El Huracán Arrives at Mildred's Umbrella With Storms External and Internal

Elissa Cuellar and Pamela Garcia Langton in El Huracán at Mildred's Umbrella.
Elissa Cuellar and Pamela Garcia Langton in El Huracán at Mildred's Umbrella. Photo by Gentle Bear Photography

We give thanks to Mildred's Umbrella for our knowledge of playwright Charise Castro Smith.

El Huracán (2018), a generational fable, is the company's third Smith production, following the ironic and wacky The Hunchback of Seville and the weird and horrific Feathers and Teeth. Each play is different in style, construction, theme. Her tastes are eclectic, from Grand Guignol goth to Monty Python inanity to family-inherited mental illness, but all deal with female characters caught between aspiration and outcome. Her latest work is Disney's animated Encanto, set for release at the end of November, with music by Lin-Manuel Miranda. Of all her Colombian family, only young Mirabel is without magic powers. This is ripe Smith territory.

Huracán is family drama writ large, sometimes too large for all its swirling intersecting plot lines that cover decades. Magic and magic realism form its core, as matriarch Valeria (Pamela Garcia Langton, who positively twinkles), daughter Ximena (Arianna Bermudez), and her daughter Miranda (Elissa Cuellar) live through 1992's devastating Hurricane Andrew. Years later, Miranda's daughter Val (Mayra Monsivais) completes the cycle.

Perfectly detailed through Edgar Guajardo's light and sound design, the destructive power of Andrew mirrors the maelstrom inside the family, for Valeria is fast succumbing to Alzheimer's, and that's affecting all of them. She lives in the past, remembering her former life when she was a Cuban magician who dreamed of making it big in New York. When she immigrated to Miami after Castro's revolution, those dreams died. In one of the play's most poignant and impressive scenes, she incants “How to Survive in Miami” in Spanish while her husband Alonso (Abraham Zapata, calm and confident) translates. It's a shattering passage, stylized by director Patricia Duran and choreographer Frances Duran Martin into a set piece of piercing force. She becomes a maid, wielding her magic act's paper flowers as a feather duster. In this demeaning job, she's invisible to all. Everybody thinks I'm dumb, she intones.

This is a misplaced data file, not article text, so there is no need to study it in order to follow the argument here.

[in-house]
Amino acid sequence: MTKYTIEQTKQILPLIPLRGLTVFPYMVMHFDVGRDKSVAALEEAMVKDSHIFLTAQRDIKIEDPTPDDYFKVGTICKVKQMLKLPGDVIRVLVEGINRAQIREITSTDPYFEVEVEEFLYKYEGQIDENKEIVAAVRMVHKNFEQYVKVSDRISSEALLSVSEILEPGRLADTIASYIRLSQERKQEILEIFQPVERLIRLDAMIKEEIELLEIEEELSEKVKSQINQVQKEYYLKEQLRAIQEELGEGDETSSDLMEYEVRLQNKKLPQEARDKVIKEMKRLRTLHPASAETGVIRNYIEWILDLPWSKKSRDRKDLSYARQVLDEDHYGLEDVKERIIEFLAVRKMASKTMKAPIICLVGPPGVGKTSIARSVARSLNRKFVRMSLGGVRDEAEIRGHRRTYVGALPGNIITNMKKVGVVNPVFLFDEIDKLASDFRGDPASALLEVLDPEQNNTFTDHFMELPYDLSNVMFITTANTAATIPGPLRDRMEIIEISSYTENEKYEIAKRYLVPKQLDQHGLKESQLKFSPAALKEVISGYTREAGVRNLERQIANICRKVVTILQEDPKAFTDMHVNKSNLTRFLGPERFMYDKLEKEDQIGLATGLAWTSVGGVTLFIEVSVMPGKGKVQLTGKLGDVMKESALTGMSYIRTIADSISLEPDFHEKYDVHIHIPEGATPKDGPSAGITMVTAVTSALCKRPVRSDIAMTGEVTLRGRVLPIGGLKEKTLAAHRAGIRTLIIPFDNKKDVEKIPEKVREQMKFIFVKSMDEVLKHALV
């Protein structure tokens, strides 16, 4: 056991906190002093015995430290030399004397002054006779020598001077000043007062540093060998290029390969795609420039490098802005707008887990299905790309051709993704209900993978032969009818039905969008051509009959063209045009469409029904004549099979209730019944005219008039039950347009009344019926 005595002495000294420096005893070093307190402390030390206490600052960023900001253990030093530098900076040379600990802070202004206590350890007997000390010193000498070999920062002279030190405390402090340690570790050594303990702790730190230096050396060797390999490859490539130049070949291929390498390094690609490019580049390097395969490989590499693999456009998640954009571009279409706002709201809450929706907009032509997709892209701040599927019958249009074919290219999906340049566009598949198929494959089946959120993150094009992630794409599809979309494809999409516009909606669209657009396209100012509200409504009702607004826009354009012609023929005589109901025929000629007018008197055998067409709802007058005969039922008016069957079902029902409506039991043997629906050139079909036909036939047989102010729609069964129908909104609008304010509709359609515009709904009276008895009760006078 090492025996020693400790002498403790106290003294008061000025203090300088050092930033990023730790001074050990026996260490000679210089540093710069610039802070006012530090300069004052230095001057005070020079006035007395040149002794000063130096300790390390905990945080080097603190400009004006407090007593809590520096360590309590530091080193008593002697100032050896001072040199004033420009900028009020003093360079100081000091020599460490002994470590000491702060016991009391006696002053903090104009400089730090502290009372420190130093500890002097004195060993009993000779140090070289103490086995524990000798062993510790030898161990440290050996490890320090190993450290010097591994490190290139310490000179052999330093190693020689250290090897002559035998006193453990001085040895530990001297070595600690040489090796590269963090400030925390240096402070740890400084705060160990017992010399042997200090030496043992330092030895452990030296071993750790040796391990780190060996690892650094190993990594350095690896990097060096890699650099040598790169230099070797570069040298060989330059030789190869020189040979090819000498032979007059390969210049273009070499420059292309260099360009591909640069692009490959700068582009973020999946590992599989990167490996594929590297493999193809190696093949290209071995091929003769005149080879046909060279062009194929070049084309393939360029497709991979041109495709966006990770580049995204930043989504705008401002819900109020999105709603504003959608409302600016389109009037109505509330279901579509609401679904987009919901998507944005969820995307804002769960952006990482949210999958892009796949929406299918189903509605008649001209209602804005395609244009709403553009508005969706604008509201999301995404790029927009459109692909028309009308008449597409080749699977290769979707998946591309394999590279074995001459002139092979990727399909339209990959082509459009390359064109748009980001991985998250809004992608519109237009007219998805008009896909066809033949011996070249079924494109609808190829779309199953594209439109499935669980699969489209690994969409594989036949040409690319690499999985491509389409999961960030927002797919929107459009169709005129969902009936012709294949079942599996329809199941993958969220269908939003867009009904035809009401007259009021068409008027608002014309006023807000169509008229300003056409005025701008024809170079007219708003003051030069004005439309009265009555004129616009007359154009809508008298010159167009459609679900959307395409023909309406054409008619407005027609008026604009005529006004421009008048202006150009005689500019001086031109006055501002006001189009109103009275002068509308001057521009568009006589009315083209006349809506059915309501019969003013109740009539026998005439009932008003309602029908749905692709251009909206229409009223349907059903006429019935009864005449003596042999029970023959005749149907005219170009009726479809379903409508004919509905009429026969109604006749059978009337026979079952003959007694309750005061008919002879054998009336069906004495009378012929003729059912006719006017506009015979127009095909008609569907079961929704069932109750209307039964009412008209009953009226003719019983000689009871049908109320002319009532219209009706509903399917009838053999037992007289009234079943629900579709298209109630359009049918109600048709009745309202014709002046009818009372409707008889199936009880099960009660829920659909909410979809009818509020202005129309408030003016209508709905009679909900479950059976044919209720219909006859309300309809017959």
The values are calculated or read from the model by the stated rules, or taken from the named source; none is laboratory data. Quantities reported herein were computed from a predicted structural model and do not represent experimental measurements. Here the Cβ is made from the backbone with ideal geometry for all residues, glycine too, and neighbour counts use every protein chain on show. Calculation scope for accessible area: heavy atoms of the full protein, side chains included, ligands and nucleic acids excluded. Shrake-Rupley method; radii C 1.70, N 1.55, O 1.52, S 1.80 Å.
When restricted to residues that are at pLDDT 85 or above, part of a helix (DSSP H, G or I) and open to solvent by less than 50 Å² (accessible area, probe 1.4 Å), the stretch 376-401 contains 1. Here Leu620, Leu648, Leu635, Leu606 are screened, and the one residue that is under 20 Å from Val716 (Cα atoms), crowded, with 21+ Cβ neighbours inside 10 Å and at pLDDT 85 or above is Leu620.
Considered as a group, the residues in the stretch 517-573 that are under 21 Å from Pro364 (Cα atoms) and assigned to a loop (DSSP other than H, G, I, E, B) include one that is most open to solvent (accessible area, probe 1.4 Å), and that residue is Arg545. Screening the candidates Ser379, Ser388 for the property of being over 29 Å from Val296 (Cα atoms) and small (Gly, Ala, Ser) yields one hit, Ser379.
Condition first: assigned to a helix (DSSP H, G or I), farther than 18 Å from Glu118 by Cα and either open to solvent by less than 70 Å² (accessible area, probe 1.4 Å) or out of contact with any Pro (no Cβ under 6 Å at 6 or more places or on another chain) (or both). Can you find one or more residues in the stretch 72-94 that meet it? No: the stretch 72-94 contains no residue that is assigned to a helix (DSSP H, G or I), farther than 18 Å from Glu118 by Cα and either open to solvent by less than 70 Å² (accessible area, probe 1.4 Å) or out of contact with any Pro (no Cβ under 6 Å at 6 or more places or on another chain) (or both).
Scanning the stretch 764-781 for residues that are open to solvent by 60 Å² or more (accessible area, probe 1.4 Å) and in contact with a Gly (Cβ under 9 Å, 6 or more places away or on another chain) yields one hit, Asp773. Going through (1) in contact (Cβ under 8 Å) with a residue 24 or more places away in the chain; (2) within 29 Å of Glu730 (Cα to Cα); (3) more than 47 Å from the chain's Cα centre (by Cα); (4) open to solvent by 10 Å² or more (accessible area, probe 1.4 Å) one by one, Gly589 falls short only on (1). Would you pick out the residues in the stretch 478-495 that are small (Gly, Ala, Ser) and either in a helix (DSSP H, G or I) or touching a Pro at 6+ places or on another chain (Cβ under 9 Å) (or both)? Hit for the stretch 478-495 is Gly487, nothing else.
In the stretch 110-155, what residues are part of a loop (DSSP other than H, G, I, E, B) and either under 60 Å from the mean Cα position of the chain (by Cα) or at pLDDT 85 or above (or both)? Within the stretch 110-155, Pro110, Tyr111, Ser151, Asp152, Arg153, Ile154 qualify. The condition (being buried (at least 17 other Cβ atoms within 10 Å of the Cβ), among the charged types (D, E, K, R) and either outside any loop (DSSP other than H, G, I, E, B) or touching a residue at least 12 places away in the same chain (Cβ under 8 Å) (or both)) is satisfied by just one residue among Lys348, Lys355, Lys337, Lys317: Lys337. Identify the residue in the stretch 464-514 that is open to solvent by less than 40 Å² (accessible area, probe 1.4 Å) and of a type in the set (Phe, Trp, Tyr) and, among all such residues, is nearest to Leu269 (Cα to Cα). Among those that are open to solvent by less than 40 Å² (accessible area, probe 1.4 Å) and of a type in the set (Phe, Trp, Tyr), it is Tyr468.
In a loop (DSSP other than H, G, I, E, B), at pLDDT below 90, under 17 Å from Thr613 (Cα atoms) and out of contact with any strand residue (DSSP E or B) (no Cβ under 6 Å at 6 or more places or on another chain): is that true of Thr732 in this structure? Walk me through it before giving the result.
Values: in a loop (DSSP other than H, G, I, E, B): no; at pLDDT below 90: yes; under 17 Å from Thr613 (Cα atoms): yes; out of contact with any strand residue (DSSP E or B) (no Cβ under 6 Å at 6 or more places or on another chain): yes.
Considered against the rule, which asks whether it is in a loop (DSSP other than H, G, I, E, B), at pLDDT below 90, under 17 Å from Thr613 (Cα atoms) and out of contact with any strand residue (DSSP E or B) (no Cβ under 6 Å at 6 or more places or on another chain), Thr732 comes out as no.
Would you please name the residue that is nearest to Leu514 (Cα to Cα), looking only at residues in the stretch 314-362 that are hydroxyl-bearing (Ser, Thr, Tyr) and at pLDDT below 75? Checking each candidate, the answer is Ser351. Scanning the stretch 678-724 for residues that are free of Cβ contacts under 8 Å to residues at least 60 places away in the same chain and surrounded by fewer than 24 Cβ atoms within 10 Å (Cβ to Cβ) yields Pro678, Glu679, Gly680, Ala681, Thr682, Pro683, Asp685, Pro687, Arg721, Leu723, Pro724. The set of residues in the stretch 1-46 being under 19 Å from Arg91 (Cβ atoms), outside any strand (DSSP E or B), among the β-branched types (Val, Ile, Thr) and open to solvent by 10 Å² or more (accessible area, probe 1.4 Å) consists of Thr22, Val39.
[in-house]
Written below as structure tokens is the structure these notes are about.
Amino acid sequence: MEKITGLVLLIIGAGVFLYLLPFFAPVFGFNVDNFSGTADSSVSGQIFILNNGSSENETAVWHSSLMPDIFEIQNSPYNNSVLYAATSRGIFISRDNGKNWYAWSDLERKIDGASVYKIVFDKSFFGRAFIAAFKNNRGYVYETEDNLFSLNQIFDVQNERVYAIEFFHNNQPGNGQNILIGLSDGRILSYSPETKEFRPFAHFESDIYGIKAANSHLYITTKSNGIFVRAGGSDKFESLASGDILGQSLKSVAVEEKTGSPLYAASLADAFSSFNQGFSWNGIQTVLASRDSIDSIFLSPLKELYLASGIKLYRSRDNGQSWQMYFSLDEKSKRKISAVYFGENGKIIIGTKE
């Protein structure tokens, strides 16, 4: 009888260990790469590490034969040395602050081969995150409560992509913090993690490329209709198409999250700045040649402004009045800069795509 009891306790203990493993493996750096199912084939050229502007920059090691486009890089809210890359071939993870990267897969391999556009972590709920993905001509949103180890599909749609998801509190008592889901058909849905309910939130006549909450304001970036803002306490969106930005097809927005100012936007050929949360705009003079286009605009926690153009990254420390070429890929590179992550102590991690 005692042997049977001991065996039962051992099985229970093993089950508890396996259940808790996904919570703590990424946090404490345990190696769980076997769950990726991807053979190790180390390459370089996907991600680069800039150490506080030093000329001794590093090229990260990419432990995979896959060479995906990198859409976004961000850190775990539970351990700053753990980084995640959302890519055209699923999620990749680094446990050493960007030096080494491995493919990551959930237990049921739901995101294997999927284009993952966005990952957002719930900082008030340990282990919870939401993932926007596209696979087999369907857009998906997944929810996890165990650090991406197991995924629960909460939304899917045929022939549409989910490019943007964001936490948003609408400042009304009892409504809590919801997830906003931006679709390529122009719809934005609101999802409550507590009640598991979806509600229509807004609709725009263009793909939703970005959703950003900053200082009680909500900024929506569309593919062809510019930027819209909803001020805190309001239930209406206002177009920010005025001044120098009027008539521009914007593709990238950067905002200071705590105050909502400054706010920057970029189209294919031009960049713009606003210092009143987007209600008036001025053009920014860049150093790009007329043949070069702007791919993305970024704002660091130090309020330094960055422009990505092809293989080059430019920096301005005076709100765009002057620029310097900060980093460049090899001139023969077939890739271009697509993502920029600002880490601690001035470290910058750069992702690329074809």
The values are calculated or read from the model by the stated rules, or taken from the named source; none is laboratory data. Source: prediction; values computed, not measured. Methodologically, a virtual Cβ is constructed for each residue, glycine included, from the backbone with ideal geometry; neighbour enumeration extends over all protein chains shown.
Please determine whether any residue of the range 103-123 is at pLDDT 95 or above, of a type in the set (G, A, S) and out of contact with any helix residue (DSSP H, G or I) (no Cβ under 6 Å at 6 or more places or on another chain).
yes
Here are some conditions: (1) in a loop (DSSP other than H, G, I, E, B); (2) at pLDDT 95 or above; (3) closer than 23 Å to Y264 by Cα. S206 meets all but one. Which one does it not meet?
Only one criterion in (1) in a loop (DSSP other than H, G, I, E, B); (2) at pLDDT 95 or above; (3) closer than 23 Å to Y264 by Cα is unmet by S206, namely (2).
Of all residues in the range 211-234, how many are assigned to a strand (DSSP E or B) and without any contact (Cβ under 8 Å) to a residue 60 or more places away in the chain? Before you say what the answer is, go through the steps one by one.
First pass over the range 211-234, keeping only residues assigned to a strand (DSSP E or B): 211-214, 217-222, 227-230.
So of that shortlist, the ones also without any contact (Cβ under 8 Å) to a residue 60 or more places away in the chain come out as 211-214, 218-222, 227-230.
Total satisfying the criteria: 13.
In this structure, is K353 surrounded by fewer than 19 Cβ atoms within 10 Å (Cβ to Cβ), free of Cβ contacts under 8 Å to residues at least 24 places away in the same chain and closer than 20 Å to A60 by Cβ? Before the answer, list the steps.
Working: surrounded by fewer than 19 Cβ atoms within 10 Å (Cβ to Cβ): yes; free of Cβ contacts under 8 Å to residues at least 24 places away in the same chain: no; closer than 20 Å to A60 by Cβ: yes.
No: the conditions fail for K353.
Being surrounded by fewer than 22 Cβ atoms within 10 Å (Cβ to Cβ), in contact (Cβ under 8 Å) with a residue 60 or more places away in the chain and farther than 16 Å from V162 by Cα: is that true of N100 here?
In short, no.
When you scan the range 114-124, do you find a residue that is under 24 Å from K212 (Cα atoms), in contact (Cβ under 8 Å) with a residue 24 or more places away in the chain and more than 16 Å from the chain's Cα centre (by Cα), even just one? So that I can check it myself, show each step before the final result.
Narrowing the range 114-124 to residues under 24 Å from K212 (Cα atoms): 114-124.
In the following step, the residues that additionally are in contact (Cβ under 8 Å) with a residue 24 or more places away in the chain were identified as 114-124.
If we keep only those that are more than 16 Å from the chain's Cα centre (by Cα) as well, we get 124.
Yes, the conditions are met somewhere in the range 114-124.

Past and present collide in Valeria's mind, and Langton's sparkling performance pulls the disparate parts of the play together, even when the parts scream clumsy exposition. In another thrilling set piece, she remembers her younger sister Alicia (Monsivais) swimming in the sea. The chirpy Monsivais arrives on a desk chair and blissfully wheels and paddles around the set. The comedy is quickly undercut when we learn that Alicia has drowned in the riptide, while a distracted Valeria is being wooed by Alonso.

The parallels in their lives pile up like the storm's detritus. Valeria wanders into Andrew's maw while Miranda, charged by mom to watch her, is trysting with Fernando (Bryan Kaplún) in her bedroom. But somehow, these unnatural coincidences work because we get to know these characters as they live their lives and wait for the hurricane. They pack clothes, nail up boards, bicker, flirt, reminisce, drink rum and coke, pick at personal scabs, yet they're all held together by Valeria's past and the family's undying bond, no matter how tenuous it seems.

In Smith's great mistake, the play jumps 27 years after Andrew and Valeria's untimely death. Bermudez and Cuellar stand at the footlights while stagehands assist them into and out of fat suits and wigs for the transformation. Why, we ask? It's totally unnecessary, an author's conceit, and throws us out of the drama's dreamlike flow. This is clumsy and lacks imagination.

But the final scene redeems all. Ximena, in the beginning throes of losing her mind, remembers her family at the beach. In a scene out of Fellini, mom in favorite blue tulle dress and dad in his magician assistant's tuxedo sit neatly in chairs with Ximena at their feet. The background is a series of curtains, all different, all swagged like the rococo theater at Drottningholm, all receding into the distance. The sky is a magnificent blue. Sea sounds envelope them. It is the perfect dream image – serene, surreal, fantastical. This is set designer Danielle Aldea Hodgins' masterpiece.

In this odd coda, forgiveness is bestowed, the broken family is made whole, yet mom repeats the cycle. Who will be next to walk into the hurricane? Not the happiest of endings, but it's Smith's abiding message: families weather all storms.

El Huracán continues through November 21 at 8 p.m. Thursdays, Fridays, Saturdays and 2:30 p.m. Sundays at Mildred's Umbrella at The DeLuxe Theatre, 3303 Lyons. Masks required. For more information, call 832-463-0409 or visit Tickets are pay what you can. Minimum price $10.
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D.L. Groover has contributed to countless reputable publications including the Houston Press since 2003. His theater criticism has earned him a national award from the Association of Alternative Newsmedia (AAN) as well as three statewide Lone Star Press Awards for the same. He's co-author of the irreverent appreciation, Skeletons from the Opera Closet (St. Martin's Press), now in its fourth printing.
Contact: D. L. Groover